From the first time you encounter a group of Elites you know that Bungie has moved its aliens back towards the original Combat Evolved. There’s no pithy one-liners from the Grunts as they stand over your body firing a plasma pistol mercilessly into your corpse; you understand that these are spry, vicious races intent on your destruction. They’ve toughened up since Halo 3 and should provide a challenge for most even on modest difficulty settings.
In many ways it’s the large and varied combat arenas that makes such a spectacle. Hunting down Jackals through a vast, abandoned water station or scurrying through rocky outcrops in search of an elusive Elite may still objectively be linear as everyone will encounter such a situation, but it is the width and quality of the corridor you are being lead down that elevates Halo above other shooters. Each is designed with the intrinsic understanding that battles aren’t just a back and forth, they are about outflanks, edging to get to just the right position, and using copious amounts of cover as the drop ship pummels your position to deliver reinforcements. There are very few mundane settings, and though they may not necessarily reach the heights of previous entries in the series, all without exception are well crafted.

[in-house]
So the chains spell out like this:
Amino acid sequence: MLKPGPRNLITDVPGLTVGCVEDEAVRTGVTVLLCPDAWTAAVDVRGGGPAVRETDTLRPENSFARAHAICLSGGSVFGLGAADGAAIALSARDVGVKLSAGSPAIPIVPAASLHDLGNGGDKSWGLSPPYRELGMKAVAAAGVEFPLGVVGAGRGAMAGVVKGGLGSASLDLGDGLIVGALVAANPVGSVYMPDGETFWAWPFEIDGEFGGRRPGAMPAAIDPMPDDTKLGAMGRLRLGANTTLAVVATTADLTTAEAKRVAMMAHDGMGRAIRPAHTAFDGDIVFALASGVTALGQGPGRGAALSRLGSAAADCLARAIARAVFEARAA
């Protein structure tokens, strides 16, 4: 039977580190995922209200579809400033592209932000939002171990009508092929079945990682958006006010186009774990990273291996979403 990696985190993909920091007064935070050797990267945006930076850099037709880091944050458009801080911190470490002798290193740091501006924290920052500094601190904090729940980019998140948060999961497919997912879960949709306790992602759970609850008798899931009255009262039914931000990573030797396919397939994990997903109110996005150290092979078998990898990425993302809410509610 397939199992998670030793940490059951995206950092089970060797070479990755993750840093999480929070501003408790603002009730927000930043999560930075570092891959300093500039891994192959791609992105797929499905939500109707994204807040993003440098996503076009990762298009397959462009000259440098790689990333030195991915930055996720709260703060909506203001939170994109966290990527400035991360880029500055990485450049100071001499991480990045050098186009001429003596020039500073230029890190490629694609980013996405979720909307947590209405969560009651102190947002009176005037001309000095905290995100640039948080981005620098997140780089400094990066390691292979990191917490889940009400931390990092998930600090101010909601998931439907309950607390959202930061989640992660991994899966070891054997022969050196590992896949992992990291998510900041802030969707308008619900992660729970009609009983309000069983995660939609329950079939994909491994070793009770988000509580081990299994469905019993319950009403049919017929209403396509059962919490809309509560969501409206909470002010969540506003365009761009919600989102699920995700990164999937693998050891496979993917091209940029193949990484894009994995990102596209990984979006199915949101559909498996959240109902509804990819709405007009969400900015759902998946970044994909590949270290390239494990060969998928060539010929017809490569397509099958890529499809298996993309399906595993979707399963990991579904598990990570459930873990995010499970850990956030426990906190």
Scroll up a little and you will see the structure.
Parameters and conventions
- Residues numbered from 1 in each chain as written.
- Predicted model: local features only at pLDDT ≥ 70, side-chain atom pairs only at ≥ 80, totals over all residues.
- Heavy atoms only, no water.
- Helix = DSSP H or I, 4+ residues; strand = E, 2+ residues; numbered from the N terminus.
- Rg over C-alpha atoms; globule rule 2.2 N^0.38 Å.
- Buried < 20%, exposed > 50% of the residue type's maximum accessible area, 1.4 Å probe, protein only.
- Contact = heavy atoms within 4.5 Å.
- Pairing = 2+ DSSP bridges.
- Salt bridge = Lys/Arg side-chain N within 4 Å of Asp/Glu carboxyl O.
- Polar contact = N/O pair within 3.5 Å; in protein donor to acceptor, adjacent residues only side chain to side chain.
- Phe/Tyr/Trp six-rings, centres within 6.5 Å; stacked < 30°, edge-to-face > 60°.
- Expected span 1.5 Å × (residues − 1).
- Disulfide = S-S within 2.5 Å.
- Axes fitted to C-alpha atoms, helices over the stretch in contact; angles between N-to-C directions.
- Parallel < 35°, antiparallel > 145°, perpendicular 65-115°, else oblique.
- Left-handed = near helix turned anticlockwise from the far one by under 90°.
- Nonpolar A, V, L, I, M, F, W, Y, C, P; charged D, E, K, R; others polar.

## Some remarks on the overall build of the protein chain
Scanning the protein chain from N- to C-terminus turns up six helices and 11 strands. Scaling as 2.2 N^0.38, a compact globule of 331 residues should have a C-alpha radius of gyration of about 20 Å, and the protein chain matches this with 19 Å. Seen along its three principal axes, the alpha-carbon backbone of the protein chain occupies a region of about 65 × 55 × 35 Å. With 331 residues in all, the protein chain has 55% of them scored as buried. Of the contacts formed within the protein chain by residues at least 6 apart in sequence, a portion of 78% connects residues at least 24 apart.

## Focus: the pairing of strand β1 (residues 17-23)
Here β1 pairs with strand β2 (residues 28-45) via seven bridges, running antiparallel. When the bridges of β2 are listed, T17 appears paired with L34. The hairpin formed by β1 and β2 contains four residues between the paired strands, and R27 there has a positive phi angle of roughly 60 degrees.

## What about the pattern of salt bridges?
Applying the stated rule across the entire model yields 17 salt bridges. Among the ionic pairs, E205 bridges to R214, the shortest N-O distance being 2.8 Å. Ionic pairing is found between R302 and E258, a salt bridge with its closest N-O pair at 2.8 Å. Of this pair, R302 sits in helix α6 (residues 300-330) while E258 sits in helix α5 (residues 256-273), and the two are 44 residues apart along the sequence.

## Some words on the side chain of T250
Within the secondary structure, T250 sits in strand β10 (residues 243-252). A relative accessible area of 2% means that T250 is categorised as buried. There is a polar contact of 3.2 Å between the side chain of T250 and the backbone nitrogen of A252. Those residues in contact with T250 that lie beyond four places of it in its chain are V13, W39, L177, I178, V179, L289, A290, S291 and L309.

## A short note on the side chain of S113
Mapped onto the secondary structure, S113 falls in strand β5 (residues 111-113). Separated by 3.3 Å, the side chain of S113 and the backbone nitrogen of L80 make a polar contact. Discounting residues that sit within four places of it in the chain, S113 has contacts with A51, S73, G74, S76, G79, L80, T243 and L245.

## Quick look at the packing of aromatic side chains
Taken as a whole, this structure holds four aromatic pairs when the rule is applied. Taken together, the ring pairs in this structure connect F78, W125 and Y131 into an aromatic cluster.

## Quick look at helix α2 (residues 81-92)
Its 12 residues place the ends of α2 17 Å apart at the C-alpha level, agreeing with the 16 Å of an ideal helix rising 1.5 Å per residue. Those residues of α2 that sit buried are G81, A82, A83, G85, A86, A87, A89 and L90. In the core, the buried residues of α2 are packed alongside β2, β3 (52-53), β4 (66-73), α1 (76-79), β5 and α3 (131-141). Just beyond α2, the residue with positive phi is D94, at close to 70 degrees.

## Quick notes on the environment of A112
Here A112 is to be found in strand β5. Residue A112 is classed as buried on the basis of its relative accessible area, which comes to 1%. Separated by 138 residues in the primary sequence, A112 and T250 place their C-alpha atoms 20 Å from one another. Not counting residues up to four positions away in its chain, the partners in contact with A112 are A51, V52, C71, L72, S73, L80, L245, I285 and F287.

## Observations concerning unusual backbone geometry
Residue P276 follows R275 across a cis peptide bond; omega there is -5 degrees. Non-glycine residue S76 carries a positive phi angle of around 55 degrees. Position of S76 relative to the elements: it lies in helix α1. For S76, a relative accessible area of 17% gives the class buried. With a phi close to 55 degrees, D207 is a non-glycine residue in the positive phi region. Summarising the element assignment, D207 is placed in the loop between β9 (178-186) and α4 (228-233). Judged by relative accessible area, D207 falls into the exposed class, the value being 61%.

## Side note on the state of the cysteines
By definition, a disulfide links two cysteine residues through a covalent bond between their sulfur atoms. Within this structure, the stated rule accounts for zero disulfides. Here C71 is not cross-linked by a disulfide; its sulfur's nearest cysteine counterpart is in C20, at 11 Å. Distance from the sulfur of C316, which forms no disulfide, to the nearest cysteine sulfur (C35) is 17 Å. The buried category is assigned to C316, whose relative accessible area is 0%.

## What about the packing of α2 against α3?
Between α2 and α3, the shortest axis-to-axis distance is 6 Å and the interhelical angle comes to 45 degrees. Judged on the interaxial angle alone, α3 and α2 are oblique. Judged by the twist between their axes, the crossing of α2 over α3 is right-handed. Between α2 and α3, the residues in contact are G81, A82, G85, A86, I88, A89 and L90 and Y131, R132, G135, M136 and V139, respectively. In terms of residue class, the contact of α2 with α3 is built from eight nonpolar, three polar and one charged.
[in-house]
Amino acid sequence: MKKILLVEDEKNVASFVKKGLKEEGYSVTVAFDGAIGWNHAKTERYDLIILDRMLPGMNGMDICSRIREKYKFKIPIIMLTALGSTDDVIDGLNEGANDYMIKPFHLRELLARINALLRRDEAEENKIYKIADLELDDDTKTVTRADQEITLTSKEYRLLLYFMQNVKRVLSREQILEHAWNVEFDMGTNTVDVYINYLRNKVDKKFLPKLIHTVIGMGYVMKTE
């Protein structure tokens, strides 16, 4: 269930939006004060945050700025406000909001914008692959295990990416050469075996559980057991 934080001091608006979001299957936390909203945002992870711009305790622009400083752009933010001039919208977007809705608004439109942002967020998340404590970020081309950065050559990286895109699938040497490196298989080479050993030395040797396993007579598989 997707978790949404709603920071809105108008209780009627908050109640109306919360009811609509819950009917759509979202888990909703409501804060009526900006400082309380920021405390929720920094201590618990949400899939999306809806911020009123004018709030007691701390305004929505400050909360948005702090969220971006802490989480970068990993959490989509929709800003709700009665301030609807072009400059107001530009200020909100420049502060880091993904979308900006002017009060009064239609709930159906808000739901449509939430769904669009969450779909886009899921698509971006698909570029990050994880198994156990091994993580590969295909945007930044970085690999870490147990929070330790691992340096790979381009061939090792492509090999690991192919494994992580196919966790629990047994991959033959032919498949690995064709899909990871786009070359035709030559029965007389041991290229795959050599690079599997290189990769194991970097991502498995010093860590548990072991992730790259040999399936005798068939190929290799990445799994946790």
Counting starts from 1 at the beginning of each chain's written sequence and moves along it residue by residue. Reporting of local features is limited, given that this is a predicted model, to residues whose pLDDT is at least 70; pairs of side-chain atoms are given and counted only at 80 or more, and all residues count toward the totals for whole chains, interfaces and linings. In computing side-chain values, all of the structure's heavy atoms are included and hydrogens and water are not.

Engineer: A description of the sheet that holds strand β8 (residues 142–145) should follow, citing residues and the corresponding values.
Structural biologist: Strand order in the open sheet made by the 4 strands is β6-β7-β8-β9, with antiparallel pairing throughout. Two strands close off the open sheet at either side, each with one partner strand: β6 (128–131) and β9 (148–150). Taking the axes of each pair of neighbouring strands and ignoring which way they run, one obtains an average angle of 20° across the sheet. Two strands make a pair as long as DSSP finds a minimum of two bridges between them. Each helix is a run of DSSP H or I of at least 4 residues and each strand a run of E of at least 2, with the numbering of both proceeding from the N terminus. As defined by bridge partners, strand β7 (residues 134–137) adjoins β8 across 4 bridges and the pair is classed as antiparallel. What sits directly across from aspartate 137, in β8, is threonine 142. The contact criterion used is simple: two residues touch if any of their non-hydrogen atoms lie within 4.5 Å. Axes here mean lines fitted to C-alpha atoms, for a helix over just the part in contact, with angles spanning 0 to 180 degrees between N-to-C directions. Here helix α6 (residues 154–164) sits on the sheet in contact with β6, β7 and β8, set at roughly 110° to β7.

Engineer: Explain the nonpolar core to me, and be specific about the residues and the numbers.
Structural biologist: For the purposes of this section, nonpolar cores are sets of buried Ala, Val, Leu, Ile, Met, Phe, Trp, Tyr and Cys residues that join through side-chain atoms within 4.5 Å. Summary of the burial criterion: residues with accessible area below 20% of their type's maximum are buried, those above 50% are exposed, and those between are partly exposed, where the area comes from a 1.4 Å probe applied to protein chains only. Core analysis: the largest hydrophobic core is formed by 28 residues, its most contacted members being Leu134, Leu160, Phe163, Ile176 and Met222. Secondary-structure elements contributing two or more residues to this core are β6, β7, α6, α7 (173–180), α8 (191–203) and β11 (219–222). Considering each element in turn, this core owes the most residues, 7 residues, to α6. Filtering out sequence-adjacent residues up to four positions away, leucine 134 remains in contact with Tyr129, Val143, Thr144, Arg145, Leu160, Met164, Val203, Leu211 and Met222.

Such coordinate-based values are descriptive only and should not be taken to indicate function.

As an addition to a Spartan’s arsenal, there are now loadouts that enhance the capabilities of the Mjolnir armour. The default is Sprint, but also on offer are Armour Lock, the ability to project an invulnerable shield about yourself; Hologram, generating a digital copy of yourself to distract Covenant forces; and Jetpacks, allowing a Spartan to take to the skies. All prove useful, and most can be utilised in the same situations to vary how combat is approached. Should you sprint round the back of an enemy tank? How about slowly progressing, shielding yourself at intervals from its onslaught? Or distract it with a hologram before removing a startled driver?
Rather than allow a player to specify a load-out however, they are only available as pick-ups at certain points. Though this is understandable in the case of the possibly map-breaking Jetpack, the ability to assault a level in a myriad of ways using a different load-out each time is somewhat of a missed opportunity; a feature that would have no doubt created some very interesting single-player and co-op approaches.